I feel like this is sacrilege in the creative space but here’s the truth:
What it takes to actually get ready to go on a trip (especially with 2 children) is almost enough of a dealbreaker to not go.
If I didn’t have plane tickets with my entire family’s names on them to go to London and then Southern Italy, I might have decided to stay home.
Our airlines all have different baggage restrictions, and somehow our luggage that USED to qualify as carry-ons somehow are way too big for everything and so now we’re bringing duffle bags instead of suitcases. Mary all of the sudden got a fever out of nowhere yesterday afternoon and so Michael is cuddling her all day today.
And I’m having a moment of clarity that’s slightly disappointing.
As I was planning my next couple of weeks, I realized that what sounded so cool last month, “Hey! We can go to London for longer and I can get work done, because hey! My job is cool and I can work remotely,” means that I have to actually stay in and get work done while everyone else goes to the British Museum to see all of the treasures the British unwittingly stole from ancient cultures all over the world.
So I’ll miss out on the complicated feelings that can only come from seeing world treasure-status items kidnapped, profited-upon, yet very safely kept (like the Rosetta Stone and Pantheon sculptures) that may have otherwise been destroyed. And yet they’re still in Britain…(reply to this email if you have strong opinions about this).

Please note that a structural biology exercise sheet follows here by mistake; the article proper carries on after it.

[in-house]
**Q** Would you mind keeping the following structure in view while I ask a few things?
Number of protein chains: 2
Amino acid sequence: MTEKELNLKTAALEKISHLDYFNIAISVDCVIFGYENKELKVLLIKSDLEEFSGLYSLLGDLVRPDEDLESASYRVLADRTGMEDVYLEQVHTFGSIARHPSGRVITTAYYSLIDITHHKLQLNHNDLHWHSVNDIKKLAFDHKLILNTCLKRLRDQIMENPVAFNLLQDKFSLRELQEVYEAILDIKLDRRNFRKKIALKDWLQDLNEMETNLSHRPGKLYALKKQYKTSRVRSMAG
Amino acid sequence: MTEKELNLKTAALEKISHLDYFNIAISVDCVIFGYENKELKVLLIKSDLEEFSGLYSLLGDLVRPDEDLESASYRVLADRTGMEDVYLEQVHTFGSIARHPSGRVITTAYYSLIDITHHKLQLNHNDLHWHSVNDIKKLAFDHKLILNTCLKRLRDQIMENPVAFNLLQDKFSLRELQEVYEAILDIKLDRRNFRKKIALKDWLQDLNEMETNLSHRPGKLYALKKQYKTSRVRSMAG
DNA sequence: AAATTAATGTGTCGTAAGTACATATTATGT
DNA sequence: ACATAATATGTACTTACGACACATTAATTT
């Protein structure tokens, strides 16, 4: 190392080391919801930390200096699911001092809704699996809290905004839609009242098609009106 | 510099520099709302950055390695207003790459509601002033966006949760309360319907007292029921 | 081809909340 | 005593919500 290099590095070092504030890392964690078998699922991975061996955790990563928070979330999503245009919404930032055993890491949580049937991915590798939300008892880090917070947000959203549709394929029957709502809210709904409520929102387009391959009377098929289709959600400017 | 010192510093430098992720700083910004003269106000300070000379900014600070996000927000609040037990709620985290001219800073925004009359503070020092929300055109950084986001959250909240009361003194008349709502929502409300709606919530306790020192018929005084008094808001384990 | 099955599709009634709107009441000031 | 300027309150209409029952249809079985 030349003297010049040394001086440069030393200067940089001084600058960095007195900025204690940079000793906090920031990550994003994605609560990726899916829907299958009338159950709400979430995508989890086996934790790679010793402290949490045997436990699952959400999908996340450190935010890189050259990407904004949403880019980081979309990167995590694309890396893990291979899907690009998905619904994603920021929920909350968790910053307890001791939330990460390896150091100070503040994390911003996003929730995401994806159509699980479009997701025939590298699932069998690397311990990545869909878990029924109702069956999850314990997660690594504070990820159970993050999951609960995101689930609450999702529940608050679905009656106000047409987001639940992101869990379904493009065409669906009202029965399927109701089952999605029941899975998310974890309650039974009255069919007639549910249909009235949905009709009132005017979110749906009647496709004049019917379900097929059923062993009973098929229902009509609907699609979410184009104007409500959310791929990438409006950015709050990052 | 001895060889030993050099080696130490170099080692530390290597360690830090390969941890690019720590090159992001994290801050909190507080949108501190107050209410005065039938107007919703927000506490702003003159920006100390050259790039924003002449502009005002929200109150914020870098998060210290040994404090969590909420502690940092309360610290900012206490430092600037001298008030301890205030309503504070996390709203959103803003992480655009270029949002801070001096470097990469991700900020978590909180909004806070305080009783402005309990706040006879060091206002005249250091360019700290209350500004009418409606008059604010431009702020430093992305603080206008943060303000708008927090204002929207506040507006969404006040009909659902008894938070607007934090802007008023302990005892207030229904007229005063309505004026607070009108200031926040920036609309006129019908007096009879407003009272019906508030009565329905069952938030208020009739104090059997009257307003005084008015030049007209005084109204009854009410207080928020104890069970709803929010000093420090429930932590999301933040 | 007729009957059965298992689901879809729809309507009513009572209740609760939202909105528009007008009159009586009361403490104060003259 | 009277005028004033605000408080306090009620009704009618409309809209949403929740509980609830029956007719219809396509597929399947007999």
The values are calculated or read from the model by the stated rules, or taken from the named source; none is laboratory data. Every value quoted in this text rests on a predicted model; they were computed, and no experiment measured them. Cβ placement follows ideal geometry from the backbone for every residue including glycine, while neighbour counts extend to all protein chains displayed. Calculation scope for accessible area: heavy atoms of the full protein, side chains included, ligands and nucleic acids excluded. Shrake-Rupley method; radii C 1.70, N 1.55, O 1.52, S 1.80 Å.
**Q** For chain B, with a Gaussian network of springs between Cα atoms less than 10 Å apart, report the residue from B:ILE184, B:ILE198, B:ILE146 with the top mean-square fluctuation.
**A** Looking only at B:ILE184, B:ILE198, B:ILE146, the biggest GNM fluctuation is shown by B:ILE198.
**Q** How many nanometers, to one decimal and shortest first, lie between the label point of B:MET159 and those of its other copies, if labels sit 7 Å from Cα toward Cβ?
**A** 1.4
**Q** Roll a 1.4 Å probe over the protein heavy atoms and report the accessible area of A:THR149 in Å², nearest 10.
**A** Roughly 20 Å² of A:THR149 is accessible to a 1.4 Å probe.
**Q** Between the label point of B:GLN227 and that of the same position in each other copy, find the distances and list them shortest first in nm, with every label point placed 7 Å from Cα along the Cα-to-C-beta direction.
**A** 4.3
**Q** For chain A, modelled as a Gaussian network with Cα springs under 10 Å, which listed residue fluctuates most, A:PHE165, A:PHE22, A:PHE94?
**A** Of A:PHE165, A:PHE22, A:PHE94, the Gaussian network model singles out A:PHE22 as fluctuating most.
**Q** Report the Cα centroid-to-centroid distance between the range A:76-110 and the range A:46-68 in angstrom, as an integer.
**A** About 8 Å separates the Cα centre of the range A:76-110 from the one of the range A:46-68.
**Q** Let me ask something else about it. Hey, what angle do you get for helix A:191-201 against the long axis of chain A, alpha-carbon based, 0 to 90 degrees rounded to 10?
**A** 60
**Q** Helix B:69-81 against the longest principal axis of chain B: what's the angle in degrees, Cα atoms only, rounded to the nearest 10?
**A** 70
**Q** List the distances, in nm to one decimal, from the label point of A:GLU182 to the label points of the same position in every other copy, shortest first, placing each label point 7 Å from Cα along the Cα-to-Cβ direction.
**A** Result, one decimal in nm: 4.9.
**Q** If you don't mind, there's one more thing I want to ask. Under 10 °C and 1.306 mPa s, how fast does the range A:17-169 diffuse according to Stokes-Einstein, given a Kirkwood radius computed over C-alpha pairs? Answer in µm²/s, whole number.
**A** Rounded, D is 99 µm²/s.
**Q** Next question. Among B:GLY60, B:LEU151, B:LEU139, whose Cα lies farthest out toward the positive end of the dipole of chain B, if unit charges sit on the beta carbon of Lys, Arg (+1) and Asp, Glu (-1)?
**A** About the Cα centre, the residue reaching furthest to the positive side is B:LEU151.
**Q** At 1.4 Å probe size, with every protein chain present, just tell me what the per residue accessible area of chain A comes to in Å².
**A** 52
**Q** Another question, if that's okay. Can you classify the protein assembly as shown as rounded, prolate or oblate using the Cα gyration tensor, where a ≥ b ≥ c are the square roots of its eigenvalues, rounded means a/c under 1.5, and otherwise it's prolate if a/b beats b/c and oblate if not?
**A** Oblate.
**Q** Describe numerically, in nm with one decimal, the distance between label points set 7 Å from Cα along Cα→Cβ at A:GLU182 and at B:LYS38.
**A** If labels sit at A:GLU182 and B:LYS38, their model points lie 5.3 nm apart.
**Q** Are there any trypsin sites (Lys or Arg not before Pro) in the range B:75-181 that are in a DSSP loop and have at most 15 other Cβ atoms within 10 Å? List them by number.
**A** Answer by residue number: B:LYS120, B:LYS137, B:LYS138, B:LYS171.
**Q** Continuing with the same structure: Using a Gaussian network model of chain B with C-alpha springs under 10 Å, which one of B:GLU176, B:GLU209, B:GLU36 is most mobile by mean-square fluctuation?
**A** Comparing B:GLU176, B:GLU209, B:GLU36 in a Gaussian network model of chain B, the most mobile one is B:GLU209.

But it’s happening.
And I’m finally starting to get excited.
I’m planning to share little pieces of what it’s going to be like to travel, and to be honest, I’m slightly nervous to share because I’m a little worried I’ll just fall into cliche land! It’s so easy to just say things like, “so beautiful,” or “I love this place!” or “missing it already,” or “when can I come back?”
So, I’m going to take my OWN advice and do what I teach in this week’s videos ALL about how to avoid cliches!
If you literally draw a blank every time you get to the writing part of posting on Instagram, this video is going to give you all of the tools you need to write more creatively, stop being cliche, and write something that people love reading.
The truth is that most people’s captions sound exactly like everyone else’s. And if there’s one thing to understand about business and having a brand, it’s that if you look, sound, or act like “everyone else,” you’re going to get lost.
I’ve shared the strategies I learned in my creative writing masters program to stop writing cliches and start writing creative, more valuable captions with hundreds of students who are finding the same as they do it! (This isn’t like anything you’ve heard before).
Leave a comment and let me know what you struggle with most about writing captions and which of these tips was the most helpful for you. I’m right on the other side with a long flight ahead, just waiting to hear from you!
Emma Natter is a business coach and writer. Her work intersects entrepreneurial strategies with the creative process so career hopefuls can find success, impact, fulfillment, and confidence in going their own way.
I’m Emma Natter, a path-to-success paver and art-trained business coach who first shattered her own career expectations by selling out of handmade styling goods from her little NYC apartment. Now as a strategist to thousands of creatives, I teach you to harness your passion so you can do the same.